Guardianship is an important legal tool that can protect vulnerable people and their property. It’s also widely misunderstood. In this blog post, we will try to cover some of the basics of guardianship law in Pennsylvania.
What is guardianship?
Put simply, guardianship gives one party certain limited legal rights to make decisions on behalf of another person. For instance, parents are presumed to act as guardians for their children. Another adult who takes the legal rights of a parent can also be known as the child’s guardian.
The law presumes that adults can make decisions about their own health and finances, but sometimes adults do not have that ability. For instance, an adult may be incapacitated due to illness, injury or chronic condition. If a court determines that an adult lacks the capacity to make important decisions about their own health, finances and other matters, the court can appoint a guardian.
Who may serve as guardian?
In many cases, a guardian is an adult child or other relative of the vulnerable adult. However, a court can appoint another person, or even an institution or care facility as a legal guardian, depending on the circumstances. A guardian must act in the person’s interest and has a fiduciary duty toward their finances.
It is important to remember that a person has rights when they are under guardianship. Before appointing a guardian, a court will require a hearing. A guardian must file regular reports to the court, and the court may hold a follow-up hearing to determine if the person is still incapacitated, if the guardianship is still necessary and if the guardian is continuing to act in the person’s best interests.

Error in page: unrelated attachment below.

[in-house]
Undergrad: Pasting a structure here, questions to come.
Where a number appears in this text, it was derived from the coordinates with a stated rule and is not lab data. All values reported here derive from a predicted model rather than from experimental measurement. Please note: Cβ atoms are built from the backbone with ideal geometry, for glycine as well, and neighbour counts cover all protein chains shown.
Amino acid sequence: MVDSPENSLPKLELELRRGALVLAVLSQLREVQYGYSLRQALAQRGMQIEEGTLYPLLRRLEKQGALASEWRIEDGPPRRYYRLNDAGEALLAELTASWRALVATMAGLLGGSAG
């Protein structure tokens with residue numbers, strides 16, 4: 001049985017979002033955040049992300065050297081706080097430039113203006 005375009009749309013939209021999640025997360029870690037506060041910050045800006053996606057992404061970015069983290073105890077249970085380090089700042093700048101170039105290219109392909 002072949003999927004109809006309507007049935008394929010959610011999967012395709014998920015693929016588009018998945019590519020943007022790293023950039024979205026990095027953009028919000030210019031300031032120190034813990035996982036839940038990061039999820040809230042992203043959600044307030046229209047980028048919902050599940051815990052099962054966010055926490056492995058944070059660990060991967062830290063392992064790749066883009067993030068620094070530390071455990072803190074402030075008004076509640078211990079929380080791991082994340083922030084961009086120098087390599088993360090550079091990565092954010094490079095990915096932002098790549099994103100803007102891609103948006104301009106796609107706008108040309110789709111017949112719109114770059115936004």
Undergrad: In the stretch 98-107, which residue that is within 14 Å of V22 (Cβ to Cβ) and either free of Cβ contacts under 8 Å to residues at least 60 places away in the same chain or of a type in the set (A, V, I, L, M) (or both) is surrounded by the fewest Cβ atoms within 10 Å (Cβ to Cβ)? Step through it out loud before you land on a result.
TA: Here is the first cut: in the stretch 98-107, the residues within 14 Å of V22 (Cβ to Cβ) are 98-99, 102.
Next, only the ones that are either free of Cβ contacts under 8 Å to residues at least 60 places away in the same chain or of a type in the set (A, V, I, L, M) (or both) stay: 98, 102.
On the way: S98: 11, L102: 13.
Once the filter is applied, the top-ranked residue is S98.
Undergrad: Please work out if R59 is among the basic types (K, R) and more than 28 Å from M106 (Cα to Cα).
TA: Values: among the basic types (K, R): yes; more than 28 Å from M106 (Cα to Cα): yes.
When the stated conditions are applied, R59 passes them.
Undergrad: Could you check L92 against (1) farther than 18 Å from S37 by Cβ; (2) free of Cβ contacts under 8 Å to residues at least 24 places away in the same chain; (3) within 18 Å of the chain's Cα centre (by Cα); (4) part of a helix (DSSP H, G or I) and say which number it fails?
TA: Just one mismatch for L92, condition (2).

When to get started
Deciding to pursue a guardianship is a serious matter, and the process can be emotionally difficult for everyone involved.
A fairly common scenario involves an adult child who sees an aging parent who has increasingly difficulty with memory and taking care of household tasks. Often, the onset of these problems is slow enough that the parent and child can discuss the matter before the parent becomes legally incapacitated. When possible, it is a good idea to make provisions for guardianship during the process of estate planning.
In another scenario, an incapacitated child is reaching majority or is of age and the parent(s) seeks guardianship of such child to maintain the child’s health and safety as they are either mentally or physically incapacitated in a life-long way.
In other cases, the onset of incapacity happens rapidly, following an accident or medical problem. In a scenario that is all too common, an adult child seeks guardianship to protect their parent after they become aware that someone is trying to financially exploit the elderly person.
Legally, the powers of a guardian can be quite extensive. It is no small matter to give one adult this kind of control over the life of another. However, when done correctly, the process of establishing a guardianship can be a vital way of protecting a vulnerable adult, and the relationship between guardian and subject can be one of love and mutual respect.